Efficiency or Obfuscation? Comment on
“Mutual Recognition” by Jacques Pelkmans
Manfred J. Holler[*]
September 17, 2010
In this comment on Jacques Pelkmans’s paper it is argued that the New Approach to European Standardization (NAES), with its two very diverse components of mutual recognition (MR) and security, health, environment and consumer protection (SHEC) can be explained by the fact that the accountability for the corresponding policy is allocated to the national level. The governments and the representing bureaucrats try not to be held responsible for measures that are not popular (i.e. objected by a large number of voters). One solution to this problem is a form of obfuscation as a result of delegating the decisions on regulations to the invisible hand of a market. The other solution is harmonization when regulation (as motivated by SHEC) can be justified by cause-effect reasoning based on scientific technological experience.
1. Obfuscation, the result of a success story?
The New Approach to European Standardization (NAES), laid out in the European Commission’s Green Paper of October 1990, stipulates that, in general, standards will no longer be decided upon by the European Commission in conjunction with the Council. Instead, the Commission is meant to establish standards (a) with the help of European standardization bodies, (b) via providing direct or indirect incentives to companies which should apply standards and should contribute to the financing of the standardization process, and (c) with the support of the national standardization bodies. The mutual recognition (MR) of national regulations on product specifications and of decisions of the European Court of Justice (ECJ) concerning the goods market can be considered as an implication of NAES.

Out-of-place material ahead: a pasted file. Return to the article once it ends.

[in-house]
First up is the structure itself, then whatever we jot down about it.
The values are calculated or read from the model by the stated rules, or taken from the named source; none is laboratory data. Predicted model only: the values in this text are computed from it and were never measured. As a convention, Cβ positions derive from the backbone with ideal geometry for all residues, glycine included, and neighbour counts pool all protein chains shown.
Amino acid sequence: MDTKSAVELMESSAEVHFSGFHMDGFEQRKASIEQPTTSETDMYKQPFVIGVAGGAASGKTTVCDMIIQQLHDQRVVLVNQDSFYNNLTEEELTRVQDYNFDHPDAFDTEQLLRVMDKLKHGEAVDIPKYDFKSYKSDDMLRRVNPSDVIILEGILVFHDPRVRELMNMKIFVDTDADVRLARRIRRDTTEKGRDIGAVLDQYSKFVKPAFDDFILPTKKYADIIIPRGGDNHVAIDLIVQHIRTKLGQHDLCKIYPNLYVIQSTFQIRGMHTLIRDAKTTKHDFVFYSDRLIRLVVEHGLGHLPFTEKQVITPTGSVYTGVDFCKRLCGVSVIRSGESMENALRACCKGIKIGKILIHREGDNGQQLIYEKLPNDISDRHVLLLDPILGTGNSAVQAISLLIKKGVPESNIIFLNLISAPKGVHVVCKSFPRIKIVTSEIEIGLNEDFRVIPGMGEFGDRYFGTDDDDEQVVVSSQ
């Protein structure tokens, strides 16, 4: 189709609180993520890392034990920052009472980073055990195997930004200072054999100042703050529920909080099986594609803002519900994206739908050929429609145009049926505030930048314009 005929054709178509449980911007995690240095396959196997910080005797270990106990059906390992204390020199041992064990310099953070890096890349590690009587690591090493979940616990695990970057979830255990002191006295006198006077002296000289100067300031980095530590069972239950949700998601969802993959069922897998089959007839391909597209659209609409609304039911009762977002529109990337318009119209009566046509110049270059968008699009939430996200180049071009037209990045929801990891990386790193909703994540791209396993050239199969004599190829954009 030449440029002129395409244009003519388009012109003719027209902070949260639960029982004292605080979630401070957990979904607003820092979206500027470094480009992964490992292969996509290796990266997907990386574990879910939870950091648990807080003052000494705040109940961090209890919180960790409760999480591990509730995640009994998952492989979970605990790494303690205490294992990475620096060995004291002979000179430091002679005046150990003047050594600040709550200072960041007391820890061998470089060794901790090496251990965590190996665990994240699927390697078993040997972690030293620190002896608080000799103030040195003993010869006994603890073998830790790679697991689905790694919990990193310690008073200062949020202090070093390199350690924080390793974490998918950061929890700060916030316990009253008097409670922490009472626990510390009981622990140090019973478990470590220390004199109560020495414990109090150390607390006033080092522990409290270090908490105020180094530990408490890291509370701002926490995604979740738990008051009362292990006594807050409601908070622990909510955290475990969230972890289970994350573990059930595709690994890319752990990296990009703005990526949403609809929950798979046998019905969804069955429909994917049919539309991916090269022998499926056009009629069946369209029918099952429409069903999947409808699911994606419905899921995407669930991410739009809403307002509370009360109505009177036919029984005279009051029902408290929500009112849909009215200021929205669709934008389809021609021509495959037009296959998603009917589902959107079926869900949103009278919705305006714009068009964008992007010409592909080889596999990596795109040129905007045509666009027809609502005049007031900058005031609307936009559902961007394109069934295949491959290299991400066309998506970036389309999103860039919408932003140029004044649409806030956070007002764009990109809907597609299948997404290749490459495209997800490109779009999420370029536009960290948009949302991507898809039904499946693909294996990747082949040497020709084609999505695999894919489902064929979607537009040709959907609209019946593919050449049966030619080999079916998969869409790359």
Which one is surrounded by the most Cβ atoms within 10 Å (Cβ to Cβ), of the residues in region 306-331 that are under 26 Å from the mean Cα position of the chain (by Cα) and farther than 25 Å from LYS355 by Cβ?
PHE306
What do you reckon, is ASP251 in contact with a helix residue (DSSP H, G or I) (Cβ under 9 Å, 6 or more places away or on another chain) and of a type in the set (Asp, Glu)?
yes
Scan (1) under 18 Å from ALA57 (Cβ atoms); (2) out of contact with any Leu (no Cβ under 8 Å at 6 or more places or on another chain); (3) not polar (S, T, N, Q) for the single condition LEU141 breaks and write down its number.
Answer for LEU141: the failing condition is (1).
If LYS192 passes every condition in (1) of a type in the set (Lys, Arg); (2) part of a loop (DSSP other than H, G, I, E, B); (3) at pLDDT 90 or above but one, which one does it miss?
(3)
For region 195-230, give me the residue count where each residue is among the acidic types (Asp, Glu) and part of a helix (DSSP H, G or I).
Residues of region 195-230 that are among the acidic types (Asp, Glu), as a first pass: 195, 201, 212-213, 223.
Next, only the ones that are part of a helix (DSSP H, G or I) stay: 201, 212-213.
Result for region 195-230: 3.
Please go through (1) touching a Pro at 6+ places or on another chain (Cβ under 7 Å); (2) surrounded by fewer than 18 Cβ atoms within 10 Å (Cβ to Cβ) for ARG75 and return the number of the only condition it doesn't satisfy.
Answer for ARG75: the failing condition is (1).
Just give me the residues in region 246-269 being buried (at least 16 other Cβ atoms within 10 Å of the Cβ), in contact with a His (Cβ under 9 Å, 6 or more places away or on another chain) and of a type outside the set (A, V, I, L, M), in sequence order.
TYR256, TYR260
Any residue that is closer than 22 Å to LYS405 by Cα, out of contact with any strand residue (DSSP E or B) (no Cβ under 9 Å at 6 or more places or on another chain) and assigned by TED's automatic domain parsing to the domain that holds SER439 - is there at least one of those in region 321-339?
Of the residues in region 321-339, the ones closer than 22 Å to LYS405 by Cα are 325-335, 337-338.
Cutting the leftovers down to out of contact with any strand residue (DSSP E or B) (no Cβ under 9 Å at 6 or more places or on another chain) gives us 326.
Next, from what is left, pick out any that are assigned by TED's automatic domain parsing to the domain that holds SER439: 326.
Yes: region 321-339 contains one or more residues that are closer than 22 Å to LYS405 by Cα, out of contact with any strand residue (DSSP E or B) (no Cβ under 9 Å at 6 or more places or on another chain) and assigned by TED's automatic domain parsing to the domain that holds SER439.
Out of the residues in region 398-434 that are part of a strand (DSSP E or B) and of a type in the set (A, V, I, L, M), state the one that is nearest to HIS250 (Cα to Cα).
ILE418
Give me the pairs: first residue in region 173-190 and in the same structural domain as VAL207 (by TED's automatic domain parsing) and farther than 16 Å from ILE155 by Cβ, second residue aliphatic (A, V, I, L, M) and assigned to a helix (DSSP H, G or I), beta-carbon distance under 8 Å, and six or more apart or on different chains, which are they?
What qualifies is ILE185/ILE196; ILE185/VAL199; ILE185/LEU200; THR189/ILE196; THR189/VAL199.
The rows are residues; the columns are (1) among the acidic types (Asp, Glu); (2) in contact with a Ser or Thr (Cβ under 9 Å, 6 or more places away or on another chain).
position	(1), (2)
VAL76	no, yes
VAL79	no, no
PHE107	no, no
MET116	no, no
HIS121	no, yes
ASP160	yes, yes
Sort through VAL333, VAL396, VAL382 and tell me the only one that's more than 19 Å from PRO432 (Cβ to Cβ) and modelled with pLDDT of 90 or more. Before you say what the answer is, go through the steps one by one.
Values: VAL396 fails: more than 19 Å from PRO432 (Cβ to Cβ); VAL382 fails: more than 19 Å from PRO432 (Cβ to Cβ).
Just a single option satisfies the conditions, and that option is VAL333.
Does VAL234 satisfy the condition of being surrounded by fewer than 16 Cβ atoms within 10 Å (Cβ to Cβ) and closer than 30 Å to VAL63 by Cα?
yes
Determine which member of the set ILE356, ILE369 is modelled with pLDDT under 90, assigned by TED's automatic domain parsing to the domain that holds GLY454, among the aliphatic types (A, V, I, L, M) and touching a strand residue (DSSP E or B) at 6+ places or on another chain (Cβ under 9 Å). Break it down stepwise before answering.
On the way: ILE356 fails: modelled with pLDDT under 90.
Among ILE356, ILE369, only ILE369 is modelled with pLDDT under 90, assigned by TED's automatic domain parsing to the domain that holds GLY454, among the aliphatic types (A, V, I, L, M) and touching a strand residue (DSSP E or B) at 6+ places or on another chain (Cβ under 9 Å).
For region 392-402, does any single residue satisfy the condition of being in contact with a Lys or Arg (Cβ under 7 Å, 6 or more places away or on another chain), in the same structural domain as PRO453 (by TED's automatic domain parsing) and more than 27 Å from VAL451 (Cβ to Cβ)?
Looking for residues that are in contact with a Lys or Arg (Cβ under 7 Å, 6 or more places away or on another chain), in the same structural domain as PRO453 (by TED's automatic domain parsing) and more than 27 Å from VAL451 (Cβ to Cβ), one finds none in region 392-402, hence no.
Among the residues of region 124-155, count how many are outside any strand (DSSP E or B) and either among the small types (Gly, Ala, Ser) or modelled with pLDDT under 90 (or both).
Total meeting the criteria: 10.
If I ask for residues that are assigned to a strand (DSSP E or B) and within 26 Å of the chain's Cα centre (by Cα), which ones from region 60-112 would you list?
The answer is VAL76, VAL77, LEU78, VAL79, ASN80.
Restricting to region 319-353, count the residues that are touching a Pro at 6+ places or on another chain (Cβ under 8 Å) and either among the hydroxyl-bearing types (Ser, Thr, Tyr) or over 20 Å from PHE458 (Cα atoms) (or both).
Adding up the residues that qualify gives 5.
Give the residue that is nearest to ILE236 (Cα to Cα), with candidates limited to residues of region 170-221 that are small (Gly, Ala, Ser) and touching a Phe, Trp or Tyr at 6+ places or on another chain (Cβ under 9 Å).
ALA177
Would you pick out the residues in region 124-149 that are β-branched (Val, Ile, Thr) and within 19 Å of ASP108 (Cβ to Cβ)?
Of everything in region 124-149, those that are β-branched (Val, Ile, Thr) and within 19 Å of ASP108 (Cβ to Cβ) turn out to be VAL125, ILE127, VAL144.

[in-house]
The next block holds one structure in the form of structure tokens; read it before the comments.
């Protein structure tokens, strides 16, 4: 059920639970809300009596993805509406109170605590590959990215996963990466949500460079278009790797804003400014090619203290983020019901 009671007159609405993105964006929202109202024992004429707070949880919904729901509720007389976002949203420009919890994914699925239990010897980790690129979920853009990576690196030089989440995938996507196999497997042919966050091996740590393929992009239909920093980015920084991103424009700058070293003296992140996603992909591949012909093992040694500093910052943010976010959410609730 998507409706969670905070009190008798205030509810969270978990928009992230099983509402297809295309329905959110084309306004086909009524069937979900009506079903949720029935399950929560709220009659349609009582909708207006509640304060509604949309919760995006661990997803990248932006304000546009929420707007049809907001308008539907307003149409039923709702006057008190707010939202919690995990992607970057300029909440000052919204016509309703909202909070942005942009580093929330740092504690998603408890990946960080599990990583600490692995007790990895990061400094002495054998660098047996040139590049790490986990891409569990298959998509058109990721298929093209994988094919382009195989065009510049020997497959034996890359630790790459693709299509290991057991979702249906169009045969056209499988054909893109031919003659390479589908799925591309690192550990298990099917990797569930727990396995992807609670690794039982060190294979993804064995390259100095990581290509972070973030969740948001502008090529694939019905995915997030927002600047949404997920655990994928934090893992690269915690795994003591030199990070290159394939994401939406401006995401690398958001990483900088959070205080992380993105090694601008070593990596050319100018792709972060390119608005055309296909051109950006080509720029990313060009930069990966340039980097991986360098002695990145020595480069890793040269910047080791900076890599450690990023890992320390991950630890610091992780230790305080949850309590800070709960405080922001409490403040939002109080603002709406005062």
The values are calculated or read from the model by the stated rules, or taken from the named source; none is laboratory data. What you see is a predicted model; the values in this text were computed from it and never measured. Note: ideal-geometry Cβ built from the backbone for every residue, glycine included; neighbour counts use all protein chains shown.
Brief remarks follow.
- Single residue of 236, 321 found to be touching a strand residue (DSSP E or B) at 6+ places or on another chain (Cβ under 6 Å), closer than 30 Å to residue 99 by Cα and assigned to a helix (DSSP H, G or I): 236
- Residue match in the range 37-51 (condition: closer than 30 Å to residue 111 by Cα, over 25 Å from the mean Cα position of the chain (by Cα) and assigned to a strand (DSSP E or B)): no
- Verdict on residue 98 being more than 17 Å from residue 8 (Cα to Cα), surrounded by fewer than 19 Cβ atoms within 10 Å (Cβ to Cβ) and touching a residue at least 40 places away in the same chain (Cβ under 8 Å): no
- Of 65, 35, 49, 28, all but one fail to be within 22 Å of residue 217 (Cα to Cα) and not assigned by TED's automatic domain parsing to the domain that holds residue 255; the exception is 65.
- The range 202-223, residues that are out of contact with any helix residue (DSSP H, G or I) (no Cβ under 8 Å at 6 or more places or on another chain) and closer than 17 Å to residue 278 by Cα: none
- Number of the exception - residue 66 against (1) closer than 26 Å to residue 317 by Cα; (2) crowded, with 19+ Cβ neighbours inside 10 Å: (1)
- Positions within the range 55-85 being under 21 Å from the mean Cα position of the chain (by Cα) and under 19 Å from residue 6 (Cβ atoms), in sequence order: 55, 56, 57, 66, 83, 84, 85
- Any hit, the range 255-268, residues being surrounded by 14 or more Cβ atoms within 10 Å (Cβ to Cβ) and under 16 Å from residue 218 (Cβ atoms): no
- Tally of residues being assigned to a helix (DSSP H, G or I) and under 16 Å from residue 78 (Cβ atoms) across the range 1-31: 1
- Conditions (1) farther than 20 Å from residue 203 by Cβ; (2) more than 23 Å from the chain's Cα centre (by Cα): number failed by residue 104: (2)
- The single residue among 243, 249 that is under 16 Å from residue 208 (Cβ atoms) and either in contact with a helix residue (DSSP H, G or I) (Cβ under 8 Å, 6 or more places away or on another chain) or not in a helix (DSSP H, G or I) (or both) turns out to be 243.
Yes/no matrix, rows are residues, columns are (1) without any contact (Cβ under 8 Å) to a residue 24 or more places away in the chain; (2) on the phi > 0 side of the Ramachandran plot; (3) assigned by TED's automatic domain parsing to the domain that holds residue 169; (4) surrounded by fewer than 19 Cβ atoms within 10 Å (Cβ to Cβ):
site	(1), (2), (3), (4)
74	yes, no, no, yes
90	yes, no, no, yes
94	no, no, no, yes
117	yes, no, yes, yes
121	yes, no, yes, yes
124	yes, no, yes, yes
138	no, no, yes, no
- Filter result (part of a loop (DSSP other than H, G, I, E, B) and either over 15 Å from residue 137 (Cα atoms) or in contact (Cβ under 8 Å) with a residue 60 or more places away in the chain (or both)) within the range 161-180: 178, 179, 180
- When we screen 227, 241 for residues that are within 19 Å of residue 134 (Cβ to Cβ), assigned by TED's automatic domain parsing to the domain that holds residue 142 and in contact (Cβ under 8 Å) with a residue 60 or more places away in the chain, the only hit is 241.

It could be argued that by renouncing the Old Approach that relied on detailed harmonization, the Commission of the European Communities has shed its influence on standardization in Europe to a large degree and has handed over its responsibilities to fairly independent bodies such as the CEN (Comité Européen de Normalisation), CENELEC (Comité Européen de Normalisation Electrotechnique) and ETSI (European Telecommunications Standards Institute). The introduction of MR is a further step in this direction. In Goerke and Holler (1998), taking a public choice perspective, we asked why the Commission should have engineered this deprivation of formal power in European standardization? Why does the Commission rely on the interaction of nominally independent agents in organizing European standardization when it seems a relevant hypothesis to assume that these agents act, at least predominantly, in their own interest or in the interest of those who they are funded by? Is MR an adequate instrument to bring the internal goods market closer to efficiency despite the self-interested agents in the standardization game? Does regulatory competition work as competition on goods markets is supposed to work? Does it enhance efficiency?